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    @rayeth said:

    Valkyria looks like it works well most of the time but encounters weird bugs with high refresh rates (like some things are being done faster than they should have, equipment wearing out early, taking more crossfire, etc).

    I've played about 10 hours of Valkyria and I never seen anything about equipment wear. What would even wear out? Does that even exist in Valkyria?

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    ajamafalous

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    @moab said:

    @rayeth said:

    Valkyria looks like it works well most of the time but encounters weird bugs with high refresh rates (like some things are being done faster than they should have, equipment wearing out early, taking more crossfire, etc).

    I've played about 10 hours of Valkyria and I never seen anything about equipment wear. What would even wear out? Does that even exist in Valkyria?

    Can't speak to Valkyria, but it's a problem in the PC version of Dark Souls 2. The equipment durability is based on how many frames the weapon is 'inside' of an enemy, causing them to break twice as fast as the console versions if you're running at 60 fps. Kinda inexcusable.

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    slowhanded

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    @moab said:

    @rayeth said:

    Valkyria looks like it works well most of the time but encounters weird bugs with high refresh rates (like some things are being done faster than they should have, equipment wearing out early, taking more crossfire, etc).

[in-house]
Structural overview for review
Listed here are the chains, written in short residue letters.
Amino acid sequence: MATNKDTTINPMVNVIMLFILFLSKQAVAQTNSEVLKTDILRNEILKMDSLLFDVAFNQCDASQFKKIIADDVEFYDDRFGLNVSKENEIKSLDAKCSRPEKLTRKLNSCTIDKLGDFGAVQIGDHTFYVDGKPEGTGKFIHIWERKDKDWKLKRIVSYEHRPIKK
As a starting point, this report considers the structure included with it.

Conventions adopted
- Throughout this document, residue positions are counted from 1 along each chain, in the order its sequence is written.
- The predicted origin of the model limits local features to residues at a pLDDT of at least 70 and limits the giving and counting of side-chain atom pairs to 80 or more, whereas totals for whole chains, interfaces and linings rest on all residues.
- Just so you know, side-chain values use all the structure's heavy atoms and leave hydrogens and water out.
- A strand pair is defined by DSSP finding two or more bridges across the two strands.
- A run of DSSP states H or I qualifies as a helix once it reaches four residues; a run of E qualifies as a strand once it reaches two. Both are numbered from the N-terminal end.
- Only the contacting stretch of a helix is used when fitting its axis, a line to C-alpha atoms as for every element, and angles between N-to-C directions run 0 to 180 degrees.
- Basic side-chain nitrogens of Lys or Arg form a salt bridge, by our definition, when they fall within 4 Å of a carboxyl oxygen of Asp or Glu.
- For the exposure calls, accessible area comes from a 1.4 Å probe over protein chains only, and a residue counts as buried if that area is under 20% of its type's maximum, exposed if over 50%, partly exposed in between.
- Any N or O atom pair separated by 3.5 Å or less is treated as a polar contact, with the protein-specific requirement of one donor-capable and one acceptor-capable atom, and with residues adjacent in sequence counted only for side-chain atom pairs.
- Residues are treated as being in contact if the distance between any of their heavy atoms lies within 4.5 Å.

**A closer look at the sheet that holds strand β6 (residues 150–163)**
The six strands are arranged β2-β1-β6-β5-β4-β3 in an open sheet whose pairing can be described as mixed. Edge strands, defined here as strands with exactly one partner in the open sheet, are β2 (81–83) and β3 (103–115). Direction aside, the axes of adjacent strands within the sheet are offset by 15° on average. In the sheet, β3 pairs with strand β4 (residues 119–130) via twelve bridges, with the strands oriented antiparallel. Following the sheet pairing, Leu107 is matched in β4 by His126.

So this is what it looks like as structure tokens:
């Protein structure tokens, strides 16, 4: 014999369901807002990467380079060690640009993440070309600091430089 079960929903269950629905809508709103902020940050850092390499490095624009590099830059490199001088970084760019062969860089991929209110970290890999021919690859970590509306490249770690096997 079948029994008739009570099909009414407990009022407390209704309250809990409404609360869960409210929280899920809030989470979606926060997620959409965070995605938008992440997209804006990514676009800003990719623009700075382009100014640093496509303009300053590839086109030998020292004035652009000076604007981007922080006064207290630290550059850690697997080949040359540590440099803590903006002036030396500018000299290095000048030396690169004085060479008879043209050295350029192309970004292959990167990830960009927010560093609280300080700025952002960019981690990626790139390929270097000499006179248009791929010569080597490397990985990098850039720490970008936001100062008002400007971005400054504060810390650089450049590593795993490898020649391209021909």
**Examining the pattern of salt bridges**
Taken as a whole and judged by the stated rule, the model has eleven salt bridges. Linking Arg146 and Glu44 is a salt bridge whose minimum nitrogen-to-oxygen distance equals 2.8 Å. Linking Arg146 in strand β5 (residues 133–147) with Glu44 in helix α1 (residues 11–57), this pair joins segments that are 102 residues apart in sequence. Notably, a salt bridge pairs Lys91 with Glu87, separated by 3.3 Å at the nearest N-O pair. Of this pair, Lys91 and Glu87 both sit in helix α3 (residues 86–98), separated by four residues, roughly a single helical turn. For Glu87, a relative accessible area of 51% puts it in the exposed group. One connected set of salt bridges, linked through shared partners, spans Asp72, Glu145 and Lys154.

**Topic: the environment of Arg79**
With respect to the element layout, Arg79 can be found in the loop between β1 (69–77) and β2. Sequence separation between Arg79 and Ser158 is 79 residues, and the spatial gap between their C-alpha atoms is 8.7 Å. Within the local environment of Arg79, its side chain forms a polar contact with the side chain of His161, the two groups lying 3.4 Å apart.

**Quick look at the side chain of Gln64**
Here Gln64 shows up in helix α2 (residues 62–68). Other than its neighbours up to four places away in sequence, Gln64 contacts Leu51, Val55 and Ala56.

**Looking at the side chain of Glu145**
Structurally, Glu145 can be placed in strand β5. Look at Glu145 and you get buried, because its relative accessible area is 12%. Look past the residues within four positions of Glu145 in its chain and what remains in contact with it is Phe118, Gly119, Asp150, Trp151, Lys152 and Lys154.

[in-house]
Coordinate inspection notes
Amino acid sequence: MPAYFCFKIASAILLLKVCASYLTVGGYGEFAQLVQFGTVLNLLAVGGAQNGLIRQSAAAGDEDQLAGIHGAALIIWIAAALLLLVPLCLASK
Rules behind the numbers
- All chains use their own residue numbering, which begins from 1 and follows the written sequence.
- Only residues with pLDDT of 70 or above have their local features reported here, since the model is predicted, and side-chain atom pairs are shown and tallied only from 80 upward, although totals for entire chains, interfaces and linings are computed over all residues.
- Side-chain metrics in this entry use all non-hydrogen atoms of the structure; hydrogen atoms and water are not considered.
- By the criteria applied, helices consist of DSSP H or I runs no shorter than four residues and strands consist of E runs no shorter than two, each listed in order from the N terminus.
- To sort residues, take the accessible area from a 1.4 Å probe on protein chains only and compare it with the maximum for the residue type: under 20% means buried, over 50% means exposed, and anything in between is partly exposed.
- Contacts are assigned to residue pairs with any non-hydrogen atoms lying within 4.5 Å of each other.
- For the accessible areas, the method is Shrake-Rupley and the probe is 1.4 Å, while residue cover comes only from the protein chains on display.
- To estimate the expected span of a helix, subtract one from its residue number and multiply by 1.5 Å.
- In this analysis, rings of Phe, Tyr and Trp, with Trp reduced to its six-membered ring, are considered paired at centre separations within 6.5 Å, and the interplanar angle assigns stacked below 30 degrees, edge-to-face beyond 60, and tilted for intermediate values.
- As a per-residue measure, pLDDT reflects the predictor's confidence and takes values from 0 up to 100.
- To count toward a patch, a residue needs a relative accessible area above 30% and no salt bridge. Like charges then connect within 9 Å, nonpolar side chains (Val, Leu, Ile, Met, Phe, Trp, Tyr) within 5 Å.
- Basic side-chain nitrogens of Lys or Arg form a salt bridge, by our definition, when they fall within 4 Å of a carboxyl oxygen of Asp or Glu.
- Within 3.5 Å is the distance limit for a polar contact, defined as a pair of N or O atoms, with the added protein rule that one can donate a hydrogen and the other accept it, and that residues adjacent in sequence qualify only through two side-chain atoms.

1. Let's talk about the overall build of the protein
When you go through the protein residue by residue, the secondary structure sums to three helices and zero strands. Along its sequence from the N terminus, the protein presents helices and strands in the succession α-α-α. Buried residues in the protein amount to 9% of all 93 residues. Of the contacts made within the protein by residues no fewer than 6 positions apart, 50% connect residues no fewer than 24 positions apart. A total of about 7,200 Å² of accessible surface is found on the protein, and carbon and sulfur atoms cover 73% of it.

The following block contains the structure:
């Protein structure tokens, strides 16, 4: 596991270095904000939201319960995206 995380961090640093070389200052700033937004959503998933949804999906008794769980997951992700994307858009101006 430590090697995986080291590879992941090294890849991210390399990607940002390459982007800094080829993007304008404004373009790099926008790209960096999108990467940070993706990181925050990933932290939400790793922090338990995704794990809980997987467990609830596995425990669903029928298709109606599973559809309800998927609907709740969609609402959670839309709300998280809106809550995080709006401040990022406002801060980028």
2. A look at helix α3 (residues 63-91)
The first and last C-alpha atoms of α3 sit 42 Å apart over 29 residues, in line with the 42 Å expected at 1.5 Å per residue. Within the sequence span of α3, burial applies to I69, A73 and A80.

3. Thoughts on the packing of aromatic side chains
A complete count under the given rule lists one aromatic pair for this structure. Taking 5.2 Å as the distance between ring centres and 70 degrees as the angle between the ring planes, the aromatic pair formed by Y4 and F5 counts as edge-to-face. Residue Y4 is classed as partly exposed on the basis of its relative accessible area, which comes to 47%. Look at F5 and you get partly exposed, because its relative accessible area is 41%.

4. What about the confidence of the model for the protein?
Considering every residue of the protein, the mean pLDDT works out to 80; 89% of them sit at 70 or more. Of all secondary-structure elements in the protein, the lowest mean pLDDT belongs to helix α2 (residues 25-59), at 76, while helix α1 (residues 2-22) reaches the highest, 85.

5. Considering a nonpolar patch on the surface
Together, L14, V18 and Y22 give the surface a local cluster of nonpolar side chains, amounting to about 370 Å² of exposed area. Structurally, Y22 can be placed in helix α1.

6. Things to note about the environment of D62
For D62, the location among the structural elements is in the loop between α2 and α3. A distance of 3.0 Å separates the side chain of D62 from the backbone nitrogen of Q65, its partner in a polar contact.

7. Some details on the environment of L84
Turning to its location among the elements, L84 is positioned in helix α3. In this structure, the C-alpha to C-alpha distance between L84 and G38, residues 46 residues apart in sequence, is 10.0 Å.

I've played about 10 hours of Valkyria and I never seen anything about equipment wear. What would even wear out? Does that even exist in Valkyria?

    Can't speak to Valkyria, but it's a problem in the PC version of Dark Souls 2. The equipment durability is based on how many frames the weapon is 'inside' of an enemy, causing them to break twice as fast as the console versions if you're running at 60 fps. Kinda inexcusable.

    It's not a coincidence both games are made by Japanese devs. In a country where PC gaming is all but completely dead, you see a ton of wonky stuff happen with 30+ FPS, as tying physics to frames is a well-used simplification in game logic for programming, albeit one that's less and less used in the West with the resurgence in PC gaming. On a side-note, this is also the root of a ton of weird bugs and glitches that eventually can culminate in those crazy skips we see in speed runs.

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    ajamafalous

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    @ajamafalous said:

    @moab said:

    @rayeth said:

    Valkyria looks like it works well most of the time but encounters weird bugs with high refresh rates (like some things are being done faster than they should have, equipment wearing out early, taking more crossfire, etc).

    I've played about 10 hours of Valkyria and I never seen anything about equipment wear. What would even wear out? Does that even exist in Valkyria?

    Can't speak to Valkyria, but it's a problem in the PC version of Dark Souls 2. The equipment durability is based on how many frames the weapon is 'inside' of an enemy, causing them to break twice as fast as the console versions if you're running at 60 fps. Kinda inexcusable.

    It's not a coincidence both games are made by Japanese devs. In a country where PC gaming is all but completely dead, you see a ton of wonky stuff happen with 30+ FPS, as tying physics to frames is a well-used simplification in game logic for programming, albeit one that's less and less used in the West with the resurgence in PC gaming. On a side-note, this is also the root of a ton of weird bugs and glitches that eventually can culminate in those crazy skips we see in speed runs.

    Oh yeah, I totally understand why it happens, I just.... it can't be that hard to release a fully-functioning product. Granted, Valkyria and DS2 have very minor problems when compared to something like Saints Row 2 and Red Faction: Guerilla. IIRC, they had the opposite problem, in that their engines were hard-coded for the number of clock cycles per second of the consoles, so when they were ported to PC and everybody had way faster processors, it broke nearly everything.

    Am I asking too much for basic functions to work properly? I guess I just hold programs to a higher standard, as someone who majored in computer engineering. I don't know. Hard-coding values is bad. That's my lesson, I guess.